Sally Yoon is an IPilogue Writer and a 3L JD Candidate at Osgoode Hall Law School. M. Imtiaz Karamat is an IP Osgoode Alumnus and an Associate at Deeth Williams Wall LLP. This article was originally published on the OBA’s Information Technology and Intellectual Property Law Section’s articles page.
Privacy breaches are becoming commonplace in today’s business landscape and cybersecurity is top of mind for many organizations— and for good reason. The 2022 Canadian Internet Registry Authority (CIRA) Cybersecurity Survey found that the number of breaches involving customer and employee information nearly doubled after the pandemic, and more businesses are reporting loss of customers from cyberattacks. This situation is exacerbated by the risk of litigation, as lawsuits are a legitimate consequence of a privacy breach. Ongoing activity in the privacy breach litigation space calls for organizations to re-examine their privilege strategies and prepare for potential scrutiny that may occur in the event of a dispute.
The Ongoing Litigation Risk
In 2022, Canadian courts continued to see litigation resulting from privacy breaches, with class actions being certified on the basis of a broad range of claims, including systemic negligence and breach of contract. There have also been significant developments in the jurisprudence for privacy breaches, such as the landmark release of three Ontario Court of Appeal decisions (Owsianik v Equifax Co., 2022 ONCA 813; Obodo v Trans Union of Canada, Inc., 2022 ONCA 814; and Winder v Marriot International, Inc., 2022 ONCA 815) in late 2022 that clarified the scope of liability in data breach class actions for the tort of intrusion upon seclusion.
The continued litigation reminds organizations and lawyers to ensure their privacy breach response plans conform with best practices. This is not only limited to having a robust IT framework, but includes adopting legal procedures to provide adequate protection and support. Privilege is an essential component of privacy breach litigation and should be a priority in a response strategy. In a privacy breach, legal privilege permits an organization to obtain legal advice about the incident without having to worry that such communications and related documents will be disclosed to others. This is crucial for breach response efforts, when the fast-paced environment requires candid conversations between counsel and client. Privilege is also an essential aspect for litigation preparation, by allowing lawyers to create necessary resources without fear that these materials may be disclosed and potentially used against their clients.
A Brief Review of Legal Privilege
Solicitor-client privilege and litigation privilege are two types of privilege that are involved in privacy breach litigation.
- Solicitor-client privilege protects communications between the lawyer and client; entails the seeking or giving of legal advice; and is intended to be confidential. It does not depend on on-going or anticipated litigation, and it is permanent once applied, unless waived by the client.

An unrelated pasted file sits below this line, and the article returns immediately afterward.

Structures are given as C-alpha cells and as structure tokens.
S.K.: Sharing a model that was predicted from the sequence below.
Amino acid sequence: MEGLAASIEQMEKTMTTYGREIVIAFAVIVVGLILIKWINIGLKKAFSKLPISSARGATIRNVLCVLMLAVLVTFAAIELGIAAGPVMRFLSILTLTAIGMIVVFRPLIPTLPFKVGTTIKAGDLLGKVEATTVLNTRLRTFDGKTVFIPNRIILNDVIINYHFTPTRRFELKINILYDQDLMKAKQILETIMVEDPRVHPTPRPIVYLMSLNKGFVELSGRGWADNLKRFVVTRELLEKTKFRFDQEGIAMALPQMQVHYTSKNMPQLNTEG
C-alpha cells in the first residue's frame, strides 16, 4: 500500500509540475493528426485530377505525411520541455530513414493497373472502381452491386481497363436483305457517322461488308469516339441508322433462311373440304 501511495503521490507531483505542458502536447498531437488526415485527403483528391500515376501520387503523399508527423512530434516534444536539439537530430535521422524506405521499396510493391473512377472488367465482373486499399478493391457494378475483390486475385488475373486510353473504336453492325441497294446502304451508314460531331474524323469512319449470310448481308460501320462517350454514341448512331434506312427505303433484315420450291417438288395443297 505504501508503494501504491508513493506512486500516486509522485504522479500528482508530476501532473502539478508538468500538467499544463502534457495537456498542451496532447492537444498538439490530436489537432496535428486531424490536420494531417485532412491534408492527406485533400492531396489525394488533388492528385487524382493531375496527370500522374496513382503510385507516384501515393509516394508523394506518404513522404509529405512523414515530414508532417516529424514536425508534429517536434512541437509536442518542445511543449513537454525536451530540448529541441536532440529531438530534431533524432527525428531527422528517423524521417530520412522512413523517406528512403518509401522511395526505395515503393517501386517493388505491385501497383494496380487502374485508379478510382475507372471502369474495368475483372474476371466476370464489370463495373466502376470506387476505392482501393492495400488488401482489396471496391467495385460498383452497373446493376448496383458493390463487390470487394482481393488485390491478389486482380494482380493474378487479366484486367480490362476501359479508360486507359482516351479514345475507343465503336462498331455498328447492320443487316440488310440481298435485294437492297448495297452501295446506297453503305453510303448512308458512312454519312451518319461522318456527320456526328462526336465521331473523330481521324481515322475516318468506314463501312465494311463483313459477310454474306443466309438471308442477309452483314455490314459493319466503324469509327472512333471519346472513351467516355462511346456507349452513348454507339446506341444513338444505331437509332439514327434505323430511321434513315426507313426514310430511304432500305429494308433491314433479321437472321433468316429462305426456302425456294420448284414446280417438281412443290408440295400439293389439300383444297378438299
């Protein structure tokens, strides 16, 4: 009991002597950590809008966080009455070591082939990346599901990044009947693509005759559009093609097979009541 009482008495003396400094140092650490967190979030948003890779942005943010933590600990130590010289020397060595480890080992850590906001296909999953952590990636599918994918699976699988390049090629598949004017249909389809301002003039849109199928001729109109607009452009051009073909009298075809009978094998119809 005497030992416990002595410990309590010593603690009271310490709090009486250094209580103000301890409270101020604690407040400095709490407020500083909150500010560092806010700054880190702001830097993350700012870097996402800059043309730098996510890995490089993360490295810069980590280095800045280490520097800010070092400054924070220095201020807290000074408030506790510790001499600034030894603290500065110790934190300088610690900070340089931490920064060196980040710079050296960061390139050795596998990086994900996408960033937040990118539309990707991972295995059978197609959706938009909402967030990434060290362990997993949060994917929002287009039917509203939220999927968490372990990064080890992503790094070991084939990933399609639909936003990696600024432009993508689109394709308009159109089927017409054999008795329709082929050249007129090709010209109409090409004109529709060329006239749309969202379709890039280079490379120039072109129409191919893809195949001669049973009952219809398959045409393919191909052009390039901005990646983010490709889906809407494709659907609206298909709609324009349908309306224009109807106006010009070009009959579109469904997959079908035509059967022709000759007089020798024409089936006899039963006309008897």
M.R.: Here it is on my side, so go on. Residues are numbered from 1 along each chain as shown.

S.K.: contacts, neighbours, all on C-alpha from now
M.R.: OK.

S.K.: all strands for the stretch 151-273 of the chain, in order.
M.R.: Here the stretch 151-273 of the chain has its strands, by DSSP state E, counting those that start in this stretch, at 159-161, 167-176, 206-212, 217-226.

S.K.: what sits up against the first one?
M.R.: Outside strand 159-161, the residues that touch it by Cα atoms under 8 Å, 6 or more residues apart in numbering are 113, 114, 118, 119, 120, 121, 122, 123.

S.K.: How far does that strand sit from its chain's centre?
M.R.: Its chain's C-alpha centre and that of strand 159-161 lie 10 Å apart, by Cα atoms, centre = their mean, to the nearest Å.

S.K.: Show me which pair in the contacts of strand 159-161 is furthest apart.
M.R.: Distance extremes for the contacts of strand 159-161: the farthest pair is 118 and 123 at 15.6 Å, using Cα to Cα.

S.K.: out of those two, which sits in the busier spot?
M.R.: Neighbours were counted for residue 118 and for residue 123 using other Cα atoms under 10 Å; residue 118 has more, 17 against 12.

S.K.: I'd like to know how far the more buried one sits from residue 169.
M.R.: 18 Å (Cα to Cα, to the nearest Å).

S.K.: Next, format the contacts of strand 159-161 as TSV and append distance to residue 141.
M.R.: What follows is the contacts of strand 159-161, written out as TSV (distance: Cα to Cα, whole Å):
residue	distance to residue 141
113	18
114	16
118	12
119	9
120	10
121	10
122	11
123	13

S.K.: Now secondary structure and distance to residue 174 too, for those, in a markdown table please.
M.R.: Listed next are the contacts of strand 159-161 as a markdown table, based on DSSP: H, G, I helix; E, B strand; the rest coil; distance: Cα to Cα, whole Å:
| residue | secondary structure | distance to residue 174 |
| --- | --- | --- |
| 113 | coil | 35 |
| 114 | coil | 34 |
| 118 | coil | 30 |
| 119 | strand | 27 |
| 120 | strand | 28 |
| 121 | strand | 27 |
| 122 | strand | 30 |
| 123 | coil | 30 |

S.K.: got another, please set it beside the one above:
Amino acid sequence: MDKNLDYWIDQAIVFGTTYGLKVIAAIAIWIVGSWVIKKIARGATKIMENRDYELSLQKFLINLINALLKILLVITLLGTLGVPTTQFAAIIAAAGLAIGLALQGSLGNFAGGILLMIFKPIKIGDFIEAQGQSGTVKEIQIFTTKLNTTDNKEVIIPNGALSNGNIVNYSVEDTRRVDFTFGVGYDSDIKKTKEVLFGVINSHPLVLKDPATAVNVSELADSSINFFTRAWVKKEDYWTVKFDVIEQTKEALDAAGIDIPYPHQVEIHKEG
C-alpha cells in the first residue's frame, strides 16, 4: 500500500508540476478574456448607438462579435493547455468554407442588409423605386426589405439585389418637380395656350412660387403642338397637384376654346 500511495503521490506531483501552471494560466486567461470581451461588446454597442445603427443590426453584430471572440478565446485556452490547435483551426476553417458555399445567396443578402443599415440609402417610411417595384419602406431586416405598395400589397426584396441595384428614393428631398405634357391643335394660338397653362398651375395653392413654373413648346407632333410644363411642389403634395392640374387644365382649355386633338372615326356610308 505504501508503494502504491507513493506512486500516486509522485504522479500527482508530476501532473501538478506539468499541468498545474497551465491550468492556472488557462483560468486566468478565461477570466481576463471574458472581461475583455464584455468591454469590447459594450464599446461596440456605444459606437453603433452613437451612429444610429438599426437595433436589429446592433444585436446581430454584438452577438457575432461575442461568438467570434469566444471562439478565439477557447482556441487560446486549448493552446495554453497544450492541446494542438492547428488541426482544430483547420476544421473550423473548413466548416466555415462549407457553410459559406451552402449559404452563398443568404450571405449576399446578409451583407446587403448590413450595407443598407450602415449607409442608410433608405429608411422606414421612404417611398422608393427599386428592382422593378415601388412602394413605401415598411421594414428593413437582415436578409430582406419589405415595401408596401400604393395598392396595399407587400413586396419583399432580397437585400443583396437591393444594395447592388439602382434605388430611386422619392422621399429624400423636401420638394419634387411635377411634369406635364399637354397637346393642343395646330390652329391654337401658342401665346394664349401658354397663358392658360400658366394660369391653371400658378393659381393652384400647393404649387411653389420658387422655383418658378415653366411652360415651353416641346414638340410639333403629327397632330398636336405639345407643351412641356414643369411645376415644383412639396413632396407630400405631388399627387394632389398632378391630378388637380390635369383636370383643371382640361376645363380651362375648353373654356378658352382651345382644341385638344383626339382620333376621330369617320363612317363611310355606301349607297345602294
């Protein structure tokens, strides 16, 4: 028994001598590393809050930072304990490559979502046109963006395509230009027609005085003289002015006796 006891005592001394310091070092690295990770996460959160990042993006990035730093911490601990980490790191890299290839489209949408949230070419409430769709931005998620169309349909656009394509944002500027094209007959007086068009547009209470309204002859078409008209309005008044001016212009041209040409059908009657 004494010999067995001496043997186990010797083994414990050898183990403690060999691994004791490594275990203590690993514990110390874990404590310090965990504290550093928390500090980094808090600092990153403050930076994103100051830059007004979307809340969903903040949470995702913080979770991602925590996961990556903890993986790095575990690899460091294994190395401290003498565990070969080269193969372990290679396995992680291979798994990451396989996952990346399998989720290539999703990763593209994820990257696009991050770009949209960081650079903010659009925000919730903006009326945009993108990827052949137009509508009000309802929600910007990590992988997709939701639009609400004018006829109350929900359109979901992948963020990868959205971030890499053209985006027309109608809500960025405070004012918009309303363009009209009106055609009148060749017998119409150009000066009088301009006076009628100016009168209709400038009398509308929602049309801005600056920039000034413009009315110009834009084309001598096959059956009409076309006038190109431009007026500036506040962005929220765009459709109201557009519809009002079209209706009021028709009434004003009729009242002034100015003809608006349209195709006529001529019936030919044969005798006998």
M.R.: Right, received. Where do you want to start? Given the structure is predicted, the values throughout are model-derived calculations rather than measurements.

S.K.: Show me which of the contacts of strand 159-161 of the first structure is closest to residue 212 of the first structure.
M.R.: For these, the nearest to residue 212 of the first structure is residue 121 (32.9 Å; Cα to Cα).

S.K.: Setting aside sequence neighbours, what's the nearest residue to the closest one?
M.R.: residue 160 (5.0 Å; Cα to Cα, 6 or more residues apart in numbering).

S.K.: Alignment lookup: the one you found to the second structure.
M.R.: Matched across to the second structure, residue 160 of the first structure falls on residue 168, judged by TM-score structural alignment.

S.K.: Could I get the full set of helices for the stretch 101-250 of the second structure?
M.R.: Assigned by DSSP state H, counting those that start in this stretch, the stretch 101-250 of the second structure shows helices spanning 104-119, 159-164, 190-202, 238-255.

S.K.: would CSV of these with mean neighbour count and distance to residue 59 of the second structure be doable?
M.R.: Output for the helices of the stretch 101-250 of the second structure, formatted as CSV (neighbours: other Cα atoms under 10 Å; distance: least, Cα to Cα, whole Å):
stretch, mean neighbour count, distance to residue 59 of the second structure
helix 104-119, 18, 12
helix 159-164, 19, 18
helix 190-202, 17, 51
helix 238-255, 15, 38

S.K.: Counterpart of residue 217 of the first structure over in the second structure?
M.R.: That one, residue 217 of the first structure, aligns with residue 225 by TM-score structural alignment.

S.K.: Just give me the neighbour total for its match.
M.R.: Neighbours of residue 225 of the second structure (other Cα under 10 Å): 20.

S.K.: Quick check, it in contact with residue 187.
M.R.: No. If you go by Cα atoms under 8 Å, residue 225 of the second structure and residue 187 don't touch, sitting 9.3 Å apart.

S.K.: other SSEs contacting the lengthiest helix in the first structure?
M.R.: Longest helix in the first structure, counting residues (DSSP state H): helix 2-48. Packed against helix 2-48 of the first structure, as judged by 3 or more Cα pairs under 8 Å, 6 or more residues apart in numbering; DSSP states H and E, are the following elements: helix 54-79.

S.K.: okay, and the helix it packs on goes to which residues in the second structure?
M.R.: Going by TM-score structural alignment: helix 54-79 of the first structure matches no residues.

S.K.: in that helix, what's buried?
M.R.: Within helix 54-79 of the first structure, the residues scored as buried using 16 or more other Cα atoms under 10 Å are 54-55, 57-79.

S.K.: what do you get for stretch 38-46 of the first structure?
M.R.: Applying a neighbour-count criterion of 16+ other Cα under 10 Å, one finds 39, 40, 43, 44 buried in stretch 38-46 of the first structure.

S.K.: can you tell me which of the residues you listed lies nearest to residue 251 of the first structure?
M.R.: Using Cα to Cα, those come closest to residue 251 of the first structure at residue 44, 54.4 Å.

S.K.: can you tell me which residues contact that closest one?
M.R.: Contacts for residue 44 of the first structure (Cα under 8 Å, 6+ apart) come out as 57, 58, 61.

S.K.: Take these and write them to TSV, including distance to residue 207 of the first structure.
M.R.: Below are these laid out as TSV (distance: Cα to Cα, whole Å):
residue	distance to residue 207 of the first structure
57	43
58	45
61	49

- Litigation privilege protects documents and communications that were created or collected for the dominant purpose of litigation that is on-going or reasonably anticipated. The privilege terminates once the respective litigation ends.
Recent Canadian Privilege Disputes
Although not as extensive as other jurisdictions, Canada has seen privilege disputes in the context of privacy breaches. The outcome of these disputes are important teaching points for organizations intending to develop their own privilege strategy.
Kaplan v Casino Rama Services Inc.
In Kaplan v Casino Rama Services Inc., 2018 ONSC 3545, a class action lawsuit was brought against the owners and operators of Casino Rama Resort (Casino Rama) following Casino Rama’s announcement of a large-scale cyberattack. During the certification stage of the lawsuit, Casino Rama relied on an affidavit that included information from reports of a cybersecurity company hired to investigate the incident. The plaintiffs requested production of the company’s reports, but Casino Rama declined on the basis of legal privilege.
The Ontario Superior Court of Justice (ONSC) found that if privilege was present, it would have been waived when the defendants disclosed and relied on information from the reports as evidence towards the size and scope of the class of persons affected by the breach. In its reasons, the ONSC said that “a party cannot disclose and rely on certain information obtained from a privileged source and then seek to prevent disclosure of the privileged information relevant to that issue…” Therefore, the ONSC ordered production of the parts of the reports that related to the size and scope of the class of affected individuals.
More recently, the privilege debate is being examined in the context of information provided to provincial privacy commissioners. In November of 2019, LifeLabs LP (LifeLabs) notified the Information and Privacy Commissioner of Ontario (IPC) and the British Columbia Office of the Information and Privacy Commissioner (OIPC) that it fell victim to a cyberattack, which resulted in personal health data of approximately 15 million customers being extracted from their systems. The IPC and OIPC commenced a coordinated investigation into the incident and demanded that LifeLabs produce certain documents relevant to the investigation. LifeLabs provided some of the documents but asserted litigation or solicitor-client privilege over others.